The thing I keep coming back to is this: cheap mortgages generally belong to fixer uppers.
We knew going in that our utilities would be more than our mortgage. We have a 15 year note on a $40,000 loan, and our actual house payment is $312/mo. We pay $350. (This does not included taxes and insurance- that's about another $1600/yr, or about $140/mo.)
BUT... as of last year, we were paying $600/mo through the winter for heat. We got a pellet stove and new windows, and that has helped a ton, but we are still paying $700 a year (so ~$60/mo, year round) for pellets, and our other utilities (natural gas for hot water and cooking fuel, H20/sewer and garbage/recycling through the city, and electricity) total $265 a month, and we're on the budget plan for all of them. So even with that drastic reduction, we are still paying more in utilities than we are our actual house payment.
Like I said, we knew this. And we are making improvements as we can to reduce our utilities (like the pellet stove and new windows, and hopefully soon new insulation, eventually a new hot water heater and washer). But it occurs to me that, on this low of an income, any mortgage you can get is going to have high utility costs because it's probably a home in need of repair.
So, no, I don't think barely anyone could live on $14K with a mortgage.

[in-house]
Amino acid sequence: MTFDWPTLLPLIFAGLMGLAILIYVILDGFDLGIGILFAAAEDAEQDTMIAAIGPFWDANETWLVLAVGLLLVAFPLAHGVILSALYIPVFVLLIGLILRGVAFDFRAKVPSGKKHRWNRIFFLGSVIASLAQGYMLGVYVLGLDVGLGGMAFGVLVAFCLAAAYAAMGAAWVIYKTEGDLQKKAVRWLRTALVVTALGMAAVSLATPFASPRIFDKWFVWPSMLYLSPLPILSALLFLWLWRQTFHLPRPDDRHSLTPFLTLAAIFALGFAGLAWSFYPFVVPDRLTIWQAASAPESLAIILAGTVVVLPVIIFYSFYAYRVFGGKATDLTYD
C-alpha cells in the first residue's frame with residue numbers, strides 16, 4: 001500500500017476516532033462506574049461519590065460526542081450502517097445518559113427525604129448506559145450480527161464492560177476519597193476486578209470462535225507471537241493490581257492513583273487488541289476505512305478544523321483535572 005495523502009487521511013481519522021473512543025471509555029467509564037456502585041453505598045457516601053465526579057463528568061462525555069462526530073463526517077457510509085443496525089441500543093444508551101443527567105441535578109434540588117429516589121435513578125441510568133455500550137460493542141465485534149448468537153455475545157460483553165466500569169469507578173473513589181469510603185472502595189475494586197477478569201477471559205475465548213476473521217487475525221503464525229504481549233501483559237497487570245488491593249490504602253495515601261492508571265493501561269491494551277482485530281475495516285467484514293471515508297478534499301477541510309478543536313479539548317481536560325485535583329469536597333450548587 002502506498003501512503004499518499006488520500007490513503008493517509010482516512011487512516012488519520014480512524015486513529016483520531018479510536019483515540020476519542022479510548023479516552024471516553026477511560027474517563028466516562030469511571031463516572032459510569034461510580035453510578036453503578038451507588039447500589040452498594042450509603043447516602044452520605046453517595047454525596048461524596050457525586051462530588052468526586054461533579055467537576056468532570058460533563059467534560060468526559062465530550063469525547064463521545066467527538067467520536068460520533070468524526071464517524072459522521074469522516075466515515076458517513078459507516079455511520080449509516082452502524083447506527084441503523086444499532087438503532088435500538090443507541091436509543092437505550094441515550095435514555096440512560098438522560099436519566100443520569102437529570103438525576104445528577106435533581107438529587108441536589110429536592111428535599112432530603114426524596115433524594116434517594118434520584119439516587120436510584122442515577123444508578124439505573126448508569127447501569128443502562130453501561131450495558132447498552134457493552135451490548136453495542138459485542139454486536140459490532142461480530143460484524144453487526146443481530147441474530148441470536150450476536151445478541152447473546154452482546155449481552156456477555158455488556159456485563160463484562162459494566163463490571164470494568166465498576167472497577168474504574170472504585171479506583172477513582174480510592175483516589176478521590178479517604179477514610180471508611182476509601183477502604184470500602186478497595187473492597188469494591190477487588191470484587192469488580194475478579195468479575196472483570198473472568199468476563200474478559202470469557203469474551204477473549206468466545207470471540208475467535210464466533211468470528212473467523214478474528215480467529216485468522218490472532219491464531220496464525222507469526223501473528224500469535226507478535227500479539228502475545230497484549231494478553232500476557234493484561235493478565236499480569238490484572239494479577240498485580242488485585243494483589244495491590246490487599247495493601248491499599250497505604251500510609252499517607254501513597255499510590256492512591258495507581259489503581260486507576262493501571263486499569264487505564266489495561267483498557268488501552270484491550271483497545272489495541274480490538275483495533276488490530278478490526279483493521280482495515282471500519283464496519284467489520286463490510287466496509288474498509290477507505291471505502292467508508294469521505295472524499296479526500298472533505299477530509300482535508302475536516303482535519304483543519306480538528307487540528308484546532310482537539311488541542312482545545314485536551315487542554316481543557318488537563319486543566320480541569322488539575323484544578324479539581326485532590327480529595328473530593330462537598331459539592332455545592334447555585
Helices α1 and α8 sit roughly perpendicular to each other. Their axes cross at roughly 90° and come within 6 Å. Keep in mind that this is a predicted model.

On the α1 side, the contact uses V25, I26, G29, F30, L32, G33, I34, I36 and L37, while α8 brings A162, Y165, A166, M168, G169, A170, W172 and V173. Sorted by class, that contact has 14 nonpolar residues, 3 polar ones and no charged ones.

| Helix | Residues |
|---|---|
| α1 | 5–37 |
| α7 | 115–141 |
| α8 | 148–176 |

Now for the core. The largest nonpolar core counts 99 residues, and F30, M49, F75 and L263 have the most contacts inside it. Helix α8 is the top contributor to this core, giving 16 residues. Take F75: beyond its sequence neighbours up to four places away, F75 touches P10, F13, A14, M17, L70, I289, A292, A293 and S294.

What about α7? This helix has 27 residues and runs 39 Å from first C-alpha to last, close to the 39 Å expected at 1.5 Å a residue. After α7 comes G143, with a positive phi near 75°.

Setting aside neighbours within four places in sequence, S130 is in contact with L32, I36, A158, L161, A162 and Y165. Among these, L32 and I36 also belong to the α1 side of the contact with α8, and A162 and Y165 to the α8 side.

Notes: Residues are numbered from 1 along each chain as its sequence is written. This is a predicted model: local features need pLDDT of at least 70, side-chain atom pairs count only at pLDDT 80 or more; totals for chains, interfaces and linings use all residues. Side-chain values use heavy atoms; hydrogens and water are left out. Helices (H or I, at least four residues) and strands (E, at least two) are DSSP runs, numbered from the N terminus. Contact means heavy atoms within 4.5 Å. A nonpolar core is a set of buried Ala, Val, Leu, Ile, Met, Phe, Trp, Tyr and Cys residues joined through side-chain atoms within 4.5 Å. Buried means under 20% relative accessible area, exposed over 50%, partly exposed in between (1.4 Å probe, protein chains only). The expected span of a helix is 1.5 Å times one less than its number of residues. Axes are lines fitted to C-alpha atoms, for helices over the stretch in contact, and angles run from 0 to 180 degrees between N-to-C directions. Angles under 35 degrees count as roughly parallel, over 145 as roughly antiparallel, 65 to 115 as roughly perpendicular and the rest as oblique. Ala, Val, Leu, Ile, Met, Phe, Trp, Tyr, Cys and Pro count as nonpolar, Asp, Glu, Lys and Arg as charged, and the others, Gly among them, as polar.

Now, if we got our house completely remodeled AND paid off, and we had health insurance, and we got SNAP benefits, and we had no debt, including car related debt, could we live on $14K/yr? Yes. But, honestly, I think almost anyone who lives where I live could. It's a low COL area.
Cripe, lets see... $265+$350+$40+$160... those are utilities, homeowner's, property taxes, car insurance, pellets, high speed internet, Netflix, home phone, two cell phones, and gasoline. $815/mo is what it would cost us to live here and still be able to get around and have a couple little luxuries. That's under $10K/yr, but that doesn't include things like clothes and household goods. Or, obviously, food, because I'm functioning under the assumption that SNAP would cover that expense.
The problem I see in this equation is health insurance. We (that is, the adults) wouldn't qualify for Medicaid, but there's no way we'd be able to afford to buy insurance, either. We have great insurance through DH's work, but if we were living on $14K, then he would have a different job that, presumably, would NOT come with great health insurance.